FRANKFORT, Ky. (WHAS11) -- Late Friday afternoon Kentucky Governor Matt Bevin briefly remarked that he will call for a special session to address one of the Commonwealth's biggest issues, pension reform. Governor Bevin did not say when it will happen.
This week new questions have been raised whether the Republican’s proposal would cost more than predicted. In the past few days about two dozen lawmakers, including those on both sides of the aisle, have told us that they question whether the plan is ready or there are enough days left this year.
But Friday morning leaders in both the Senate and House seem to echo what Governor Bevin suggested, that all hope is not lost.
"The special session is coming, stay tuned," said Governor Bevin to Associated Press Reporter Adam Beam.
The quick exchange recorded by Beam concluded with Governor Bevin saying, “The pension bill will be passed. We'll have pension reform and it'll happen soon.”
The comments came after a news conference at the Capitol regarding fighting the opioid epidemic.
Earlier Friday several members of the Kentucky House and Senate took part in a joint committee hearing at Jim Beam.
Senate Majority Floor Leader Damon Thayer and Kentucky House Speaker Pro Tem David Osborne both cited recent progress as leading them to believe that the Governor will still call a special session.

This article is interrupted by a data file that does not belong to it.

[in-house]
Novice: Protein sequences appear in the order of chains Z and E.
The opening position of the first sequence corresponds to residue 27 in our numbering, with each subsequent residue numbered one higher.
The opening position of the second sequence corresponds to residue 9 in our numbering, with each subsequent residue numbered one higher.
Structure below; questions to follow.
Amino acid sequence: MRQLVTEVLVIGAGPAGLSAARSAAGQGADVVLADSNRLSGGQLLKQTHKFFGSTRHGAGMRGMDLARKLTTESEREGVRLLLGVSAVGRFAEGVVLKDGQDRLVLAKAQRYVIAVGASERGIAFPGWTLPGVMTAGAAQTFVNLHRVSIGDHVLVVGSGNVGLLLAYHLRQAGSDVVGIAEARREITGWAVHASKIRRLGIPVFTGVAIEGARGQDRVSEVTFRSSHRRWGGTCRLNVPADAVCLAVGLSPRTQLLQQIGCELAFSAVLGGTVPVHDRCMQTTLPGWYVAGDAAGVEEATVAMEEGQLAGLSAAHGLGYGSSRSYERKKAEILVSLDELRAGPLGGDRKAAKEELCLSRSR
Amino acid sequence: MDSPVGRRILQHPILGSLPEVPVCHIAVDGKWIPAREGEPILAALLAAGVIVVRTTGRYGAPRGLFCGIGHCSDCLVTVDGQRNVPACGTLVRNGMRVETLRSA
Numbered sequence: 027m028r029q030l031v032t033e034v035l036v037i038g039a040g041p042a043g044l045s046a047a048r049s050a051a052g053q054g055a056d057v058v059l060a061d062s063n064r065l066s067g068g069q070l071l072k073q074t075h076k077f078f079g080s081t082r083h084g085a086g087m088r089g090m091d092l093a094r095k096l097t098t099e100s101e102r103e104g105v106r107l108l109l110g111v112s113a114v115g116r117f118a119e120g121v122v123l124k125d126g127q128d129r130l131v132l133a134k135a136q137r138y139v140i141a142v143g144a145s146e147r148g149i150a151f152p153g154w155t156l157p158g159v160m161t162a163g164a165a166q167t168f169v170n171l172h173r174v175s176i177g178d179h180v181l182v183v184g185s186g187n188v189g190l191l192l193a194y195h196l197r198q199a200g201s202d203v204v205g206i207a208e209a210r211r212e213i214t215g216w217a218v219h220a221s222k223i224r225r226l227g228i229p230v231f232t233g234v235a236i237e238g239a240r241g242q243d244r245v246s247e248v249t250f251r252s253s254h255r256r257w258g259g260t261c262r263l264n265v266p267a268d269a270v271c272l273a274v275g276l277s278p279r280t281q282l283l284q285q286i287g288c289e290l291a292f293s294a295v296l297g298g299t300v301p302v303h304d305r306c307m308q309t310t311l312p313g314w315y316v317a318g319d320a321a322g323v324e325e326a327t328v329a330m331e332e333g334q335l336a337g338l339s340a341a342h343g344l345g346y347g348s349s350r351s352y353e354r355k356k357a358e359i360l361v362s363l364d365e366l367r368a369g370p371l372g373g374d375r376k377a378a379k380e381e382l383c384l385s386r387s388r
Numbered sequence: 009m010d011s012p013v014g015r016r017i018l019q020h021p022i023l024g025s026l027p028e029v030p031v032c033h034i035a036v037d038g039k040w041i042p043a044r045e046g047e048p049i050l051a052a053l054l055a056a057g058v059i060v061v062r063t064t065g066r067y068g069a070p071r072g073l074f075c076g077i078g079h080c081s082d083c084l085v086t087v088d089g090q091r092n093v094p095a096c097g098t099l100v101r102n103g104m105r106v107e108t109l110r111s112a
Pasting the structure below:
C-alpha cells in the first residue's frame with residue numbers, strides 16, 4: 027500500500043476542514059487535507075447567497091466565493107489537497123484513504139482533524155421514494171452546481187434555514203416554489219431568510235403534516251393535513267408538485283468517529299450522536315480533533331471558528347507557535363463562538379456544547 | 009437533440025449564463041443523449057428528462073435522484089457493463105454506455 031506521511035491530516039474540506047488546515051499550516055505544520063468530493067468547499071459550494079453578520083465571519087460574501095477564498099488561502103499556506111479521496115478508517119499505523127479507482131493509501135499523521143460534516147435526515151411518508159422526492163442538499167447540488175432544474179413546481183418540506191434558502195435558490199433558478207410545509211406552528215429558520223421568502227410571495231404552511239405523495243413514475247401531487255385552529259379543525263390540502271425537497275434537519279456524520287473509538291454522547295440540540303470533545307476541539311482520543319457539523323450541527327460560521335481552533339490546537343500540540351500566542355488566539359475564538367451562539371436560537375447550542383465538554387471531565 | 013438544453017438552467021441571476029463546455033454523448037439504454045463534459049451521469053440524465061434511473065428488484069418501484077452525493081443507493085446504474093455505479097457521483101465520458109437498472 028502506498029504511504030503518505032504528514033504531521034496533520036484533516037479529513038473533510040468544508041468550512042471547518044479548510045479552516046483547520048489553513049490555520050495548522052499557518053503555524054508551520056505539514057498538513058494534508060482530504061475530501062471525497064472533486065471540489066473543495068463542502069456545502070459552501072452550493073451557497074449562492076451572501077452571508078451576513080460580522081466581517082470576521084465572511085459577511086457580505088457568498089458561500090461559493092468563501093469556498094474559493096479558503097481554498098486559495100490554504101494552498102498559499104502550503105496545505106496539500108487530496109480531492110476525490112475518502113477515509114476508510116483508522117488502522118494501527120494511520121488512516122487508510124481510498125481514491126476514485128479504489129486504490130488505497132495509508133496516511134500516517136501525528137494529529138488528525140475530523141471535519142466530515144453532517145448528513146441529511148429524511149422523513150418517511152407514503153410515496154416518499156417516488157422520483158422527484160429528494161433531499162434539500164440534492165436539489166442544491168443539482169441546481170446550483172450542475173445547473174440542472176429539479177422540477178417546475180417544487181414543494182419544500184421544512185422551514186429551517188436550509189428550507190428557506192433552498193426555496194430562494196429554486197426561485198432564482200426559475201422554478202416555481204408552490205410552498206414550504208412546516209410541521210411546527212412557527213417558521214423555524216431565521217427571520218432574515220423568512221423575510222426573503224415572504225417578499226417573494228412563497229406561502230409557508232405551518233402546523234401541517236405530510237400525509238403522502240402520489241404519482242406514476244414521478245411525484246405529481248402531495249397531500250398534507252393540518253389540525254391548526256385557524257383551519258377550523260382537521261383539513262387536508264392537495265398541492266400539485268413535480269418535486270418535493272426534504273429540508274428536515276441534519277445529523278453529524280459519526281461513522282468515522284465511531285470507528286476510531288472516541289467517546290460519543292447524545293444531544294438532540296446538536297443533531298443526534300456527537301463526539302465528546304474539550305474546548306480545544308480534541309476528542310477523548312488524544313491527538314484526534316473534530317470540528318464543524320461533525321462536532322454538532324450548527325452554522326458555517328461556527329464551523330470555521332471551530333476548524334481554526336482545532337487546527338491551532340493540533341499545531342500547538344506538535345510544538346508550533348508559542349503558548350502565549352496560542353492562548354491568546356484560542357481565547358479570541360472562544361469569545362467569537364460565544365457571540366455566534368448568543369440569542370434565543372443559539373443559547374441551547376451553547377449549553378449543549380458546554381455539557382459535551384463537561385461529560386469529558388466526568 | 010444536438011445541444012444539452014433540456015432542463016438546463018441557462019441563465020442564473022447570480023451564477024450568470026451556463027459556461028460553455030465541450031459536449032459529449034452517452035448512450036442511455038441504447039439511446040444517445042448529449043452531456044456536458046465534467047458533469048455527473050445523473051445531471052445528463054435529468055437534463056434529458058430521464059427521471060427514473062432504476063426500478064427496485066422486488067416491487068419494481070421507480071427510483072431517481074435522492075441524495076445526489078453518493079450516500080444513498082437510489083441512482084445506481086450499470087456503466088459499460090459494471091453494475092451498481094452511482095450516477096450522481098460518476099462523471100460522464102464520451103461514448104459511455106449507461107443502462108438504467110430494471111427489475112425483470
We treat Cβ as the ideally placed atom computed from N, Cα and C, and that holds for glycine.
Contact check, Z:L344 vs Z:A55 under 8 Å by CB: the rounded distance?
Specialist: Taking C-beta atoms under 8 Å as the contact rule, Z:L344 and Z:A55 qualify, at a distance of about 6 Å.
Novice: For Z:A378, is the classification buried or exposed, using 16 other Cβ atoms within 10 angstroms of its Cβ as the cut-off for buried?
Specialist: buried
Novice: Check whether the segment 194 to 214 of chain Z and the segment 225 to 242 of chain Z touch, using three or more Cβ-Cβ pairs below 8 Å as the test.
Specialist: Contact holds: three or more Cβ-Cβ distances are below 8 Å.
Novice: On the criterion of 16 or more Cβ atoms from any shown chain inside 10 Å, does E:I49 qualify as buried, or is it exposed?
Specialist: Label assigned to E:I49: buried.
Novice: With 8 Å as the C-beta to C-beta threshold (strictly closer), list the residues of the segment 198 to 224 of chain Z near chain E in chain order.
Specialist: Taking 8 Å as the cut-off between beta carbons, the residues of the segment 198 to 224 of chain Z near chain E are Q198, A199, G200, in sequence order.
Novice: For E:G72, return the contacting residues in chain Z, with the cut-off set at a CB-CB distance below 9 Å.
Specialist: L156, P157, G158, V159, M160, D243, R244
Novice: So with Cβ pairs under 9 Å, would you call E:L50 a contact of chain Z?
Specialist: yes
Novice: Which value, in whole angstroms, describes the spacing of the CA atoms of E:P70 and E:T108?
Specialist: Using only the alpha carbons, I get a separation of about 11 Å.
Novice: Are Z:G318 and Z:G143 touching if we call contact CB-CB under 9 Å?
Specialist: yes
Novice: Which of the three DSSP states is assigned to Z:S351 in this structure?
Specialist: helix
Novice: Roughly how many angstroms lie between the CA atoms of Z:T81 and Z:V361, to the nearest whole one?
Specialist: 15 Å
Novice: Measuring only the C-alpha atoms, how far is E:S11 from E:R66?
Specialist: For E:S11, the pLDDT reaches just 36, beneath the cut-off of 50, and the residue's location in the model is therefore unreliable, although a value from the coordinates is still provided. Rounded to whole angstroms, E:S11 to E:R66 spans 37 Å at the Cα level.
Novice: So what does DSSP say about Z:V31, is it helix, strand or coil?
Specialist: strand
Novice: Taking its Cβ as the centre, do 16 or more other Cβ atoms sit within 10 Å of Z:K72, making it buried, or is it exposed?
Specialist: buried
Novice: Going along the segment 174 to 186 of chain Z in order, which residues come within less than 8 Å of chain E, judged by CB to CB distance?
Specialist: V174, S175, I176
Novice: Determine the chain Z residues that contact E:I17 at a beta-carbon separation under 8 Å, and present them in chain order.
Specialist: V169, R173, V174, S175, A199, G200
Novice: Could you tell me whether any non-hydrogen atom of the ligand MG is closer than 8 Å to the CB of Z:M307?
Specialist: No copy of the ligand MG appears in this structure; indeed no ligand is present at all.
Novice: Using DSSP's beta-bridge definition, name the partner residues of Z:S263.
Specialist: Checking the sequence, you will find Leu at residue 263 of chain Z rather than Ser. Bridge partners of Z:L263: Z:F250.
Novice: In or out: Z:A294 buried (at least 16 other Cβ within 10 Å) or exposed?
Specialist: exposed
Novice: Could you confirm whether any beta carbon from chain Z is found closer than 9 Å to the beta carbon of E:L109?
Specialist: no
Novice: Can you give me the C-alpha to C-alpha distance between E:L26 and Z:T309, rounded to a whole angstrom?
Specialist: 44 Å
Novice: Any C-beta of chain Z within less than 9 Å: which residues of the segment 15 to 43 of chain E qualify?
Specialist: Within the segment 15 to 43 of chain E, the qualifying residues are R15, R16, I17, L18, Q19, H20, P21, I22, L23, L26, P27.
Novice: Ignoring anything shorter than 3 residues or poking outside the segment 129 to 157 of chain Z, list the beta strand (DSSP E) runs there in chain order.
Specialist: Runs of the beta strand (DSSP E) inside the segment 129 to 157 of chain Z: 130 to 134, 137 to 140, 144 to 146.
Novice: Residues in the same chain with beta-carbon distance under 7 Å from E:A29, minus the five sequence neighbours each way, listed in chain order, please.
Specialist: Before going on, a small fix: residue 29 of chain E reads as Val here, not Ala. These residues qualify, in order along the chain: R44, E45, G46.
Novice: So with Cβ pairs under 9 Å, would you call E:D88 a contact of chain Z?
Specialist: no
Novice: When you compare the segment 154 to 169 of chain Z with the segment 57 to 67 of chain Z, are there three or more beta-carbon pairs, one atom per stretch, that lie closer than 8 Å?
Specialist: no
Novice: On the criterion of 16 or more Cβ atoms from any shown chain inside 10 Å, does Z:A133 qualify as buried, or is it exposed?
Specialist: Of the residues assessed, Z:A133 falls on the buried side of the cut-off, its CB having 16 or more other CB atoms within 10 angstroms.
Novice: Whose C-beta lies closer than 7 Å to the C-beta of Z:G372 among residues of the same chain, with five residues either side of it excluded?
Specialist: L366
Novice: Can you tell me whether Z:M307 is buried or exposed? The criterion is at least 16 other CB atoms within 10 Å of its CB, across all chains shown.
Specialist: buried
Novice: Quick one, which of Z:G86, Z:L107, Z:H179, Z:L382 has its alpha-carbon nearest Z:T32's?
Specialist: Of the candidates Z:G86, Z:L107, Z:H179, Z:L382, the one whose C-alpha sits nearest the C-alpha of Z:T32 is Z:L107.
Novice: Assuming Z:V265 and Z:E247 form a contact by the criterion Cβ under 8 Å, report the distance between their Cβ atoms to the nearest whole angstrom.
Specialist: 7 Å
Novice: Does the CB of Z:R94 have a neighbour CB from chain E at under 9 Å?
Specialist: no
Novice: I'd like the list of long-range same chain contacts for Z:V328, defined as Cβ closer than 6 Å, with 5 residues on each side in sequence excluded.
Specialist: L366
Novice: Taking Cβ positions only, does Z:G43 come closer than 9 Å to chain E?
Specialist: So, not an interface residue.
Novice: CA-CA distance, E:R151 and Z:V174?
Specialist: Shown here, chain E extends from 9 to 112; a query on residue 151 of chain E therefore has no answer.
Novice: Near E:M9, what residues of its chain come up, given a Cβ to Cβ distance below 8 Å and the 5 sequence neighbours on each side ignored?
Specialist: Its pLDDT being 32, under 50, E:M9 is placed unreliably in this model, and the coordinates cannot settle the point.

"We've had really, really good meetings the past several days with members of the Senate and our leadership and our staff and key members," said Speaker Pro Tem Osborne, “and we've made good progress, I believe.”
“I'm more optimistic today than I have been in a couple of weeks," said Floor Majority Leader Thayer.
He added, “We've had some really great meetings this week between House and Senate pension leaders and, as I've said in the recent past, we're making some modifications to the proposal and taking a look at how it might score.”
Despite recent concerns that the bill will cost more than predicted, Floor Leader Thayer said fixes are not that time-consuming.
“It's a matter of practicality," he insisted. “We have a bill that has been drafted and we can make changes to it. It's not like we're starting from square one, we've got a bill that tweaks can be made to and get to a final bill a lot quicker than we could a month or six or eight weeks ago.”
The window of opportunity is closing quickly. With the Thanksgiving holiday next week, and year ending holidays, most understand that leaves the first two weeks in which Governor Bevin could fit in a special session before the regular session begins on January 2.
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